SOME of the most beautiful gardens in a Warrington village will be open to the public on Saturday.

Visitors can explore a range of normally private gardens at the Rixton-with-Glazebrook Garden Safari on Saturday between 10am and 4pm.

Programmes, which include a map and information about the gardens, are now on sale from the Village Shop and Black Swan in Hollins Green, Glazebrook Post Office and the Hamilton Davies Trust, Cadishead.

For £7 per programme per adult (children accompanying an adult are free) you can enjoy the beauty and uniqueness of the eight individual gardens, as well as a scarecrow trail and an art exhibition.

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Although dogs are not allowed.

Refreshments are available throughout the day at Rixton Methodist Church, Chapel Lane, Rixton, the Village Shop, Black Swan and Red Lion in Hollins Green.

Locally grown bedding plants and hanging baskets will be on sale at the Village Shop, where you can also pick up some fresh produce and tasty treats.

A new addition this year to the safari is a short 30-minute guided walk through the natural beauty of the Rixton Claypits Nature Reserve, an SSSI site.

The walk will leave the Claypits car park at 10.45am and is free and open to everyone – donations on the day will be welcome.

Proceeds from the walk and sale of Garden Safari programmes will go towards future community plan projects.

  •  For more information about the day and guided walk call Mandy Eccles on 07767 075211 or mandy@hamiltondavies.org.uk.

To whet your appetite, we have been inside the garden of Phil Aikman and Mary Barbour to give you an idea of what to expect on the day.

Here they tell us the tricks to their garden success

Describe the garden >

Our garden, with large mature trees around it, is set out with different areas including curved lawns, herbaceous borders, rockery, trellises, fruit trees, a ‘formal garden’ with box hedges and three linked ponds, with an oriental style bridge.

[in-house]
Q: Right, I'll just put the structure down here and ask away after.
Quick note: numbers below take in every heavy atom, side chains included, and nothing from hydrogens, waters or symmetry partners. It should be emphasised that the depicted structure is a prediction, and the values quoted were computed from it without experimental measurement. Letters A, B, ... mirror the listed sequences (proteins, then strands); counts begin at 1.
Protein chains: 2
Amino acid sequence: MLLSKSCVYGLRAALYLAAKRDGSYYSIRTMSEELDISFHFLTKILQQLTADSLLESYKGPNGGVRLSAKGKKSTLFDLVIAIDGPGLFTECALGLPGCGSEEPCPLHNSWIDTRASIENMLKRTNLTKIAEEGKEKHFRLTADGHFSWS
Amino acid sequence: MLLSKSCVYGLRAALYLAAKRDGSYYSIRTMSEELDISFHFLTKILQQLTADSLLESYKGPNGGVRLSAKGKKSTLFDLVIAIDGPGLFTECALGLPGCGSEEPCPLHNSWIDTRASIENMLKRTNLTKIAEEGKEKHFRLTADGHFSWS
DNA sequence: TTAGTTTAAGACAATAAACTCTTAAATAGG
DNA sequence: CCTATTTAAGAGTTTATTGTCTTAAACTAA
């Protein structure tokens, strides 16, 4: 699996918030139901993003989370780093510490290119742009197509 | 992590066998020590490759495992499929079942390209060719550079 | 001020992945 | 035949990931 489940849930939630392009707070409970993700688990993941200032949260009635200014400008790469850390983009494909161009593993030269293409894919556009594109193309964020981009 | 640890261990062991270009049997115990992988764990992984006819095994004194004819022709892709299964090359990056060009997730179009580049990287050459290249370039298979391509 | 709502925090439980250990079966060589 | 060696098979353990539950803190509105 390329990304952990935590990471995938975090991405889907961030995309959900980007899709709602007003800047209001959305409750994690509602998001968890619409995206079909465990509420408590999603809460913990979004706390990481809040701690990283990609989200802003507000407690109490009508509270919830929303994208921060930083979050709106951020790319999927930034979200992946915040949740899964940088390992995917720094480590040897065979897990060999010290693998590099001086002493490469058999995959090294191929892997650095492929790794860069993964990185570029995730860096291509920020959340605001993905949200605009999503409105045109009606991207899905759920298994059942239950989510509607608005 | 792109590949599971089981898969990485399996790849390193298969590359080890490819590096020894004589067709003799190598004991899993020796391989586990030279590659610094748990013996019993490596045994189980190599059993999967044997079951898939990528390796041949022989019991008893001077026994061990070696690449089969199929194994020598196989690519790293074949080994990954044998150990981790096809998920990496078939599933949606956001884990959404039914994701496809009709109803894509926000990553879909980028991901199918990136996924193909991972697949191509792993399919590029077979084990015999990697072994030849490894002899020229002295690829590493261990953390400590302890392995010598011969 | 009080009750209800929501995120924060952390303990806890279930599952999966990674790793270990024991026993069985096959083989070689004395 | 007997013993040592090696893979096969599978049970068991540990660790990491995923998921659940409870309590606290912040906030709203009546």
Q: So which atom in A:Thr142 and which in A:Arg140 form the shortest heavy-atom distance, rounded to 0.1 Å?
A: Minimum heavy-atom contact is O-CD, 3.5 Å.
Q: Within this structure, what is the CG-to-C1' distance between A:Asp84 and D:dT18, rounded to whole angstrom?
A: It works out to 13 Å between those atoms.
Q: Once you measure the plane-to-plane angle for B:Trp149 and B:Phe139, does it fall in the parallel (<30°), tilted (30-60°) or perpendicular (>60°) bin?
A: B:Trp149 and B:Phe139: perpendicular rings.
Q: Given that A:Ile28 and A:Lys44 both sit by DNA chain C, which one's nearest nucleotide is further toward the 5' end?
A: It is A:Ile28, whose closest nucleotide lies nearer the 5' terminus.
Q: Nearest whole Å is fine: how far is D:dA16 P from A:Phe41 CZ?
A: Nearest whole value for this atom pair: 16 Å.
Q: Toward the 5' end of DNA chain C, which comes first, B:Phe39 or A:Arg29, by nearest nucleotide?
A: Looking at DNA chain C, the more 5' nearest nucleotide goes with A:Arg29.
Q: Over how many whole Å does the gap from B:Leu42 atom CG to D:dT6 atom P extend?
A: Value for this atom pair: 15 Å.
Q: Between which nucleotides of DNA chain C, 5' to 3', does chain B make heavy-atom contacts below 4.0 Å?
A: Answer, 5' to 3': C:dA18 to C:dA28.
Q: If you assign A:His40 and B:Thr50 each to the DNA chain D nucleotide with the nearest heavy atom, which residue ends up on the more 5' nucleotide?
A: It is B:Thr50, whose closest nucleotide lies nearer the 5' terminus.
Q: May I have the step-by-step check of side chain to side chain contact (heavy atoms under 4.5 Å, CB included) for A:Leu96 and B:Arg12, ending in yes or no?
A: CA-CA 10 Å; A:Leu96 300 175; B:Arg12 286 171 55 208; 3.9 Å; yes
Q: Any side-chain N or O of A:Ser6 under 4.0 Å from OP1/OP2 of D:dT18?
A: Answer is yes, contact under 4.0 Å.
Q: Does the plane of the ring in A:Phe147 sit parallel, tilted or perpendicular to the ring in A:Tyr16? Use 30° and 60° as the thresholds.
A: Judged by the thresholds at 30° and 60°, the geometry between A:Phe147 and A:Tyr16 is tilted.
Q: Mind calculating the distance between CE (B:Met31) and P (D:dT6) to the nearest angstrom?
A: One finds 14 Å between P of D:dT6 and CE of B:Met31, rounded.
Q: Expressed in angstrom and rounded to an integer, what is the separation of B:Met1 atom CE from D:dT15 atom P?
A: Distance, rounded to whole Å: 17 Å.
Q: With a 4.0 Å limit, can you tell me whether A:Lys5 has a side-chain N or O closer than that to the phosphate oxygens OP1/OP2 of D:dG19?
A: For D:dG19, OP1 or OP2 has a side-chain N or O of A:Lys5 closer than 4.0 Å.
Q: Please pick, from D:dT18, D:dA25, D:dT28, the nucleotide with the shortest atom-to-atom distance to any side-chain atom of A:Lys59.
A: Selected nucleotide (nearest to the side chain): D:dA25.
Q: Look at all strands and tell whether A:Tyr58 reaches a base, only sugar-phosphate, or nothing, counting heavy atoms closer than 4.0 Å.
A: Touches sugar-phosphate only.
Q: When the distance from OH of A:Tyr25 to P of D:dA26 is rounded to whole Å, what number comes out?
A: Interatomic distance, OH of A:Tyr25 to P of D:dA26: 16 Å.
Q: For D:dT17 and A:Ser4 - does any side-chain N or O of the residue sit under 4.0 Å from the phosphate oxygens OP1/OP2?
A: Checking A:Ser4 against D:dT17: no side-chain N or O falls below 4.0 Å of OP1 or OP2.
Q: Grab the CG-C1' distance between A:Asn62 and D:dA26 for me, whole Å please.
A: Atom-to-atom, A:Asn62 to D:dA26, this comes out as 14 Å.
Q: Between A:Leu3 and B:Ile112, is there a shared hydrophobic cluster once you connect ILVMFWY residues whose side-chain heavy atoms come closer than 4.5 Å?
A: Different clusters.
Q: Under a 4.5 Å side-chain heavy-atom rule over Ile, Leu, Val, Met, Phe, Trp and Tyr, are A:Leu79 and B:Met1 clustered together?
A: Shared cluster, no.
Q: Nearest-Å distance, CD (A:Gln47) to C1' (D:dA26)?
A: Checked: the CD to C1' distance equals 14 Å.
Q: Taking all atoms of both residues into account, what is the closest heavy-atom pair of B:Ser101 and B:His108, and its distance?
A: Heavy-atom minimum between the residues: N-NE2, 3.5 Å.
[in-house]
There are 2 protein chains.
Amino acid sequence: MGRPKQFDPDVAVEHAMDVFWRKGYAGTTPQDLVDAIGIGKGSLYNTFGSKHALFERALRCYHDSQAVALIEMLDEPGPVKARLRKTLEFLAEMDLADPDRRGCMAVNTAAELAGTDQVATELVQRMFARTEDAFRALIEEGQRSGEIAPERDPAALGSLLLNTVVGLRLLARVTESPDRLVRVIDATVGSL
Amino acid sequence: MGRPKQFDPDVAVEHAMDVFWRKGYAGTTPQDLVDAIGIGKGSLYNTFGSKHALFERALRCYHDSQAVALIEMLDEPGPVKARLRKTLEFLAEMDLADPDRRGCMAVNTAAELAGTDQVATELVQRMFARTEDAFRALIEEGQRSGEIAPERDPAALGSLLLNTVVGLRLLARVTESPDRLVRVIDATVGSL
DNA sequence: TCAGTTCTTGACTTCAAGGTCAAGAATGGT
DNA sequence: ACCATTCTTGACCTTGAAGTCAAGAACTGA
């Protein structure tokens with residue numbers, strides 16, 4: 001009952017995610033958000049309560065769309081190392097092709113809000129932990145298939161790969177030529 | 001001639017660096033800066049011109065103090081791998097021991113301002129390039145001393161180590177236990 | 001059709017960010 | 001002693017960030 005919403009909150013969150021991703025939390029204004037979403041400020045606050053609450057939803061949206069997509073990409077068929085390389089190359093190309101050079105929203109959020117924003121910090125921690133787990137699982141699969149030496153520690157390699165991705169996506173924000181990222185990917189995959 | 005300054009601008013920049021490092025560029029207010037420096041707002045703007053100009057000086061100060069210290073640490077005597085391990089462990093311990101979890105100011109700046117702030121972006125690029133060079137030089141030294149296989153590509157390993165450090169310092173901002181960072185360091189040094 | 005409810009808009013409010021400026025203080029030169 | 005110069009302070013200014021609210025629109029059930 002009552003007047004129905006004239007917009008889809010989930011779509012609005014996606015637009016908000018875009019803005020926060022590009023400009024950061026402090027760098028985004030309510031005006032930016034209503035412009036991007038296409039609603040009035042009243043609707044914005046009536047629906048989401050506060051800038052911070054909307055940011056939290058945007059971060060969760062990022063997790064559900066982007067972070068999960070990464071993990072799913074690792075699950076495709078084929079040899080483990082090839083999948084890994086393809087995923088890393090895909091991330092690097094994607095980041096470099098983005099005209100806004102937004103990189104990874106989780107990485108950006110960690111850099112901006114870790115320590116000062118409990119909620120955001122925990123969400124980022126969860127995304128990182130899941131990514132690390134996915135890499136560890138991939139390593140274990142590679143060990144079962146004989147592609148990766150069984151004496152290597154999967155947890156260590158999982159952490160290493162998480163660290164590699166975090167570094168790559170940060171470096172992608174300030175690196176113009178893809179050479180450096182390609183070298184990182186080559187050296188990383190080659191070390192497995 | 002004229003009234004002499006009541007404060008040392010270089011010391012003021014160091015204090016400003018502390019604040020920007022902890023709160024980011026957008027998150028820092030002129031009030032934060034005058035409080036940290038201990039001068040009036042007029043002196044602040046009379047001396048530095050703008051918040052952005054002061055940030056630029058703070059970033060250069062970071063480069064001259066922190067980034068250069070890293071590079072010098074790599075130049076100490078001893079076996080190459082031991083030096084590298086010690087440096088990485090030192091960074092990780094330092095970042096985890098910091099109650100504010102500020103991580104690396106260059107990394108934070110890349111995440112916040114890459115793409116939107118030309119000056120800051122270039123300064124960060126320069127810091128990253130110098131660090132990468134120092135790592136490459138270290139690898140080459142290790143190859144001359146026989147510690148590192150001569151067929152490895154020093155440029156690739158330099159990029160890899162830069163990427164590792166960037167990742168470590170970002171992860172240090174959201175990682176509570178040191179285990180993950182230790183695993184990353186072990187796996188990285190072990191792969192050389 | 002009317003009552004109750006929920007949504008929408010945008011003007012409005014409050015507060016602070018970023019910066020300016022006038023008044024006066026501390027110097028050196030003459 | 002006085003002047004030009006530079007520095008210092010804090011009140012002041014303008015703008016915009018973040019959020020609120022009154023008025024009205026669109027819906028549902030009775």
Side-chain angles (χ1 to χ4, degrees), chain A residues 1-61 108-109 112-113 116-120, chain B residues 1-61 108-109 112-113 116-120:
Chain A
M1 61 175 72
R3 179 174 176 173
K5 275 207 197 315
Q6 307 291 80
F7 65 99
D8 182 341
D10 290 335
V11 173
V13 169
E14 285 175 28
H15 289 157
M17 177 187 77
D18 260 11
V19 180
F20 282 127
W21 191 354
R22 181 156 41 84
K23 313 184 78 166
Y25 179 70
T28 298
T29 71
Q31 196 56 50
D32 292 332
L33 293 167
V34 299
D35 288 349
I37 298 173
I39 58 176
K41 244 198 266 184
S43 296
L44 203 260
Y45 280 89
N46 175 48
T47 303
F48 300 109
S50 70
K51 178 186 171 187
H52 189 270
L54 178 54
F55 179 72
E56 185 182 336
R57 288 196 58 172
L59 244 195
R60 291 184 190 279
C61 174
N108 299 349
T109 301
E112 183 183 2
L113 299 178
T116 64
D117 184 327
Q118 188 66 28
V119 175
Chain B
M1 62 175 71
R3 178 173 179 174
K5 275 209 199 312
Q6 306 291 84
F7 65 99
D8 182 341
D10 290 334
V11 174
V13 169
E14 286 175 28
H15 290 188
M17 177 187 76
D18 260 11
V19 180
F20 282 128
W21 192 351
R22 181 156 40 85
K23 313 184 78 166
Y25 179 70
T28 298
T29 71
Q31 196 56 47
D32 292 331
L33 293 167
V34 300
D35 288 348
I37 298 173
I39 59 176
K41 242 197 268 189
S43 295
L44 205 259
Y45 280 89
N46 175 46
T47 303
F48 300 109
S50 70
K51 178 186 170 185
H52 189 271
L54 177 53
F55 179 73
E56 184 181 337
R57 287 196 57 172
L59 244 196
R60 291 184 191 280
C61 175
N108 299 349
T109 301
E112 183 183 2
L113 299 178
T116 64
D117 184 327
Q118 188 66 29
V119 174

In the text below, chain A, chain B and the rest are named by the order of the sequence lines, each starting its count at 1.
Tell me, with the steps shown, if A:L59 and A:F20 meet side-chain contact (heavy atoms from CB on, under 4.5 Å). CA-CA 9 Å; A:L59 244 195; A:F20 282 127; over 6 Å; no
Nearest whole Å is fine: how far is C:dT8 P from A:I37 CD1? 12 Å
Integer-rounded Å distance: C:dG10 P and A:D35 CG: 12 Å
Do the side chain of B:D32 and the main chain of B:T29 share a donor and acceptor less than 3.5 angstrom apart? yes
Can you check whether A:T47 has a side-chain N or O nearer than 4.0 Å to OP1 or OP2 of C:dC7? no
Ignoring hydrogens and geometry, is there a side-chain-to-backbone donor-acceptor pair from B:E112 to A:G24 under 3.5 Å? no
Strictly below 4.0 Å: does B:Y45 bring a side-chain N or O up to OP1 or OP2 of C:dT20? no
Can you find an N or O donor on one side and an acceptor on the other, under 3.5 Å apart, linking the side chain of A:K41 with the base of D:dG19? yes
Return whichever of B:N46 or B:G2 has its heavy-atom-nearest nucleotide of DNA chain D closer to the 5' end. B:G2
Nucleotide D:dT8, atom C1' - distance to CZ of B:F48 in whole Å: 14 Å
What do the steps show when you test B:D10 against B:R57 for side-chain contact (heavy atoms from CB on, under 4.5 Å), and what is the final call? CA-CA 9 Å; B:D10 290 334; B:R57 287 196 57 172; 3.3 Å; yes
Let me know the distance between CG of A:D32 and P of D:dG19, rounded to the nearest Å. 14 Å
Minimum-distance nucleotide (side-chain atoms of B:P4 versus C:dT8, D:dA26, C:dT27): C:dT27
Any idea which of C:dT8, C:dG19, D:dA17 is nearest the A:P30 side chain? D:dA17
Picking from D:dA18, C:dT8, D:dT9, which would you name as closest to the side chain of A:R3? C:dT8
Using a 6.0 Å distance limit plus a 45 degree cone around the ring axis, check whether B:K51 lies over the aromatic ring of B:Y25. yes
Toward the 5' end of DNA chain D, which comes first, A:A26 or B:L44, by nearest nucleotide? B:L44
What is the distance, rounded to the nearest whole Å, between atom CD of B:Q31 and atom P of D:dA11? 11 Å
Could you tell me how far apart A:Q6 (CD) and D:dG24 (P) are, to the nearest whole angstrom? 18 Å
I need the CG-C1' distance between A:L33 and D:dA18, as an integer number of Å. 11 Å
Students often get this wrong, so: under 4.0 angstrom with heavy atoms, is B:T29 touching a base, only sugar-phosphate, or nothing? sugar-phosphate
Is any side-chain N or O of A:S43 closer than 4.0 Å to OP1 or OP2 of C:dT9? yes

Winsford Guardian:

What are your plans for the garden?

Mostly we like it as it is!

The previous owners had spent a lot of time and money setting out the garden so that there is something of interest throughout the year.

We are considering more seating in the garden, possibly with a pergola and climbing plants.

When did you get into gardening?

We have always liked having a garden and visiting gardens, but generally had simple gardens that did not need much attention, being out at work all day.

Winsford Guardian:

When we retired and moved house we inherited this lovely garden and have had to learn as we have gone along, reading up about different plants and asking advice from friends.

What is your favourite feature in your garden?

We love the way the garden changes with the seasons and like to sit in the conservatory and watch the garden and all the birds that come.

Because of our rural location and large trees, we see Jays and Woodpeckers regularly, as well as the usual garden birds.

Family and friends like to come to us to enjoy the garden and it is lovely to see our little grand-niece running around the garden, exploring every corner.

Why do you enjoy gardening?

Gardening is something that you can do in spare moments.

We tend to do a little and often rather than diving into big projects as it is nice to do a bit then sit back to enjoy the garden.

Have you suffered any gardening catastrophies?

In our previous garden the hedge was hit by honey fungus, so we had to dig it all out and replace it with a fence.

In the end we grew honeysuckle and sweet peas up against the fence and preferred it to the rather plain and boring leylandii!

Winsford Guardian:

Do you have any gardening tips?

If you inherit an established garden, wait and see what it is like through a full year before you make big changes.

If, like us, you are not an expert gardener then ask other gardeners, as they love to talk about gardening and will often give you plants, seeds, or cuttings free.

Also, what grows well in neighbour’s gardens will probably do well in yours, as the soil and climate are similar.